This is an excellent and illuminating documentary of the state of algorithmic bias.
If you've read recent books like Algorithms of Oppression and Race After Technology - you probably won't find anything new. But it is nice seeing academics in their natural habitats. It really helps to personalise the problems by placing them in social context.
Some of the arguments are simplified a little for a Netflix audience. That's understandable - they're trying to change minds in 90 minutes rather than provide a thoroughly robust argument for a thesis. There's a little too much "Documentary Filler" - panning shots of universities, and people wandering through bookshops - but that's the price you pay for a mainstream documentary. And, again, goes to the theme that these are real issues affecting - and discussed by - real people.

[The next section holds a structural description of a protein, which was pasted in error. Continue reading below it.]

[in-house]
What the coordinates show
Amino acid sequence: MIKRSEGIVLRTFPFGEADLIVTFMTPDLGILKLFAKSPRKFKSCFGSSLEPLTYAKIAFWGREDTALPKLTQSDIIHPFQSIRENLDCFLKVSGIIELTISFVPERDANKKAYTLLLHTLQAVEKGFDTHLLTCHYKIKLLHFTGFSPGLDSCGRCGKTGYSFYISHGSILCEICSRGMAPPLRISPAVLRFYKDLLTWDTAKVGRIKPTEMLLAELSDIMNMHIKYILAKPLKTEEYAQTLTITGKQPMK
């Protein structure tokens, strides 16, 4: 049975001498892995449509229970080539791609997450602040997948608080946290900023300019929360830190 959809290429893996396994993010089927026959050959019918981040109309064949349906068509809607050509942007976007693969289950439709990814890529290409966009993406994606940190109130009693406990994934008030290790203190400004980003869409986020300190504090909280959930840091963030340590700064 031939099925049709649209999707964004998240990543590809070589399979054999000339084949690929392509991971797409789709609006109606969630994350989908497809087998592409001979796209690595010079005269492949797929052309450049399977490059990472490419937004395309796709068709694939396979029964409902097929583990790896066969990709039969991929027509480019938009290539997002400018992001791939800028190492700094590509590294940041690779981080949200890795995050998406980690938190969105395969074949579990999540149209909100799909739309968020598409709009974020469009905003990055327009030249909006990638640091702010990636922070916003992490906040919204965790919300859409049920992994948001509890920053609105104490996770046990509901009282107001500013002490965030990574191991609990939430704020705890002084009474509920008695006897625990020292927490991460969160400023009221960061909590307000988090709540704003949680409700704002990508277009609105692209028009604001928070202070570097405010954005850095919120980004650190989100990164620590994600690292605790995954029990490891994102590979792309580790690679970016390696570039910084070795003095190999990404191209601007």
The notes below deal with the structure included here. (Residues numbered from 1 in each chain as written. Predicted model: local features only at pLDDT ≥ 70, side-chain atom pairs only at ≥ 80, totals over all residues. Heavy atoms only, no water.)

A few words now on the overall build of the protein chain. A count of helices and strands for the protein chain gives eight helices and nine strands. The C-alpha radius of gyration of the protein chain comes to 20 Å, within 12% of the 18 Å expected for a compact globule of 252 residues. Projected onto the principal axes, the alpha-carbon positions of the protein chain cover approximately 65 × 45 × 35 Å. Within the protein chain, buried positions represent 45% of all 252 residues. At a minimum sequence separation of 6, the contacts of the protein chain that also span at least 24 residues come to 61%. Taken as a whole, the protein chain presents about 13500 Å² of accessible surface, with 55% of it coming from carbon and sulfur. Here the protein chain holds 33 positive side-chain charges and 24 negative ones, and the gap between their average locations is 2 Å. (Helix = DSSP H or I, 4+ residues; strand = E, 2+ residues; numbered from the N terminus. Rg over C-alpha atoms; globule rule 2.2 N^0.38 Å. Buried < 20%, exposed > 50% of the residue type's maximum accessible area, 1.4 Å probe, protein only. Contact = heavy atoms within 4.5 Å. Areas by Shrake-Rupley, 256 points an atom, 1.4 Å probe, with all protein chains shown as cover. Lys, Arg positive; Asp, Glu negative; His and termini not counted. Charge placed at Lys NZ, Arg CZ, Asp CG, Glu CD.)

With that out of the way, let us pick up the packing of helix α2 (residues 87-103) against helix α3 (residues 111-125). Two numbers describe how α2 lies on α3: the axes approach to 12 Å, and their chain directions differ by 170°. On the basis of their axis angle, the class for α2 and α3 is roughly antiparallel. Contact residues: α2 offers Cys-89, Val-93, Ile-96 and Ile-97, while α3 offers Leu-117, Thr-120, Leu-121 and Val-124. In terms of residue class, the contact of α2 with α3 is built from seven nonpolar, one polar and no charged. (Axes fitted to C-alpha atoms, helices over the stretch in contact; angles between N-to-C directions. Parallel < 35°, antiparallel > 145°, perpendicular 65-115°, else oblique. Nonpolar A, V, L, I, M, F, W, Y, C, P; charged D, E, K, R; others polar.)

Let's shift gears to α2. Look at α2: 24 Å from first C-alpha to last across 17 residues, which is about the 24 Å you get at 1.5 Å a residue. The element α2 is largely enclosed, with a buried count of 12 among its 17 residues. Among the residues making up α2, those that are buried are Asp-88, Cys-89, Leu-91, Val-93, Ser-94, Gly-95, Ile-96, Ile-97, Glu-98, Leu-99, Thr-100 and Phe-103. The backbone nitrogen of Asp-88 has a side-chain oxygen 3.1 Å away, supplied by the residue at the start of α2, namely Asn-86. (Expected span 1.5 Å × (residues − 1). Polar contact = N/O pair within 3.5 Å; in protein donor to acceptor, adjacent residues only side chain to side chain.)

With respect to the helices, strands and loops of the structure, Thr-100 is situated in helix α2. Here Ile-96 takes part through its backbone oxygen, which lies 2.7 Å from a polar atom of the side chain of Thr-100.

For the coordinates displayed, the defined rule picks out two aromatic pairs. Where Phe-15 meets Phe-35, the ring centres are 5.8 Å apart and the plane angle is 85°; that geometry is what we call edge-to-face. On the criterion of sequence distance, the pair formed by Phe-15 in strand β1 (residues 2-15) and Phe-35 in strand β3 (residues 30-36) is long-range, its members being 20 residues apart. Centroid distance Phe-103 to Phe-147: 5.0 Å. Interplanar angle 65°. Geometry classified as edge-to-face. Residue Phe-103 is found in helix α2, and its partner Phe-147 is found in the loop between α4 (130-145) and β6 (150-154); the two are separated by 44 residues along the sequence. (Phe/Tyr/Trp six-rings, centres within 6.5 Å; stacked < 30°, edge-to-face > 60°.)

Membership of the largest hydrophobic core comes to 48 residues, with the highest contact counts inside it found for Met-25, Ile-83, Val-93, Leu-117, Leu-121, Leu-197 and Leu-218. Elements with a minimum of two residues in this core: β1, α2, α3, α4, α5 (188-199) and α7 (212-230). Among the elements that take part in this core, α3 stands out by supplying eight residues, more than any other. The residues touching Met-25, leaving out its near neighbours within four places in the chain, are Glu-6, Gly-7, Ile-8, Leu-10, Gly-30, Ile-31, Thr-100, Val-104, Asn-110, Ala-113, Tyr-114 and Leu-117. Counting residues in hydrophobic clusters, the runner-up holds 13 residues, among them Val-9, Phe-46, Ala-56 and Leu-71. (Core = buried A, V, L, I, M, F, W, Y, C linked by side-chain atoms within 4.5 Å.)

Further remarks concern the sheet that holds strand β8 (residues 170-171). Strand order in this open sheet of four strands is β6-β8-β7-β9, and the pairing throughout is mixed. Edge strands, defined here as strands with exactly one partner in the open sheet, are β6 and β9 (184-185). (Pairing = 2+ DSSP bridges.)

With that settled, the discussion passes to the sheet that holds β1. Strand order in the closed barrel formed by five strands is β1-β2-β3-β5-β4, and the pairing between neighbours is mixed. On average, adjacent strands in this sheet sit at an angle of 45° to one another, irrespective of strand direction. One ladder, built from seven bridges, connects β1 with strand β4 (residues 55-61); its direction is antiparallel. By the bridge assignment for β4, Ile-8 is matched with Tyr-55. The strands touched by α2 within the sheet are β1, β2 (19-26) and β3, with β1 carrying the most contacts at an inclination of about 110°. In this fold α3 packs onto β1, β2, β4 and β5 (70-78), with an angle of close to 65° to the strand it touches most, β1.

There's a weird little undercurrent of Sinophobia in some of the comments. While there's a brief discussion of China's "Social Credit" system, it is a slightly underdeveloped and feels like it is part of a different documentary.
This could easily have been a multi-part series, with a deeper dive on each issue. So think of it as a teaser trailer for reading some excellent books.
The movie is now streaming on Netflix but - be warned - watching it will irrevocably alter what the algorithm recommends in the future...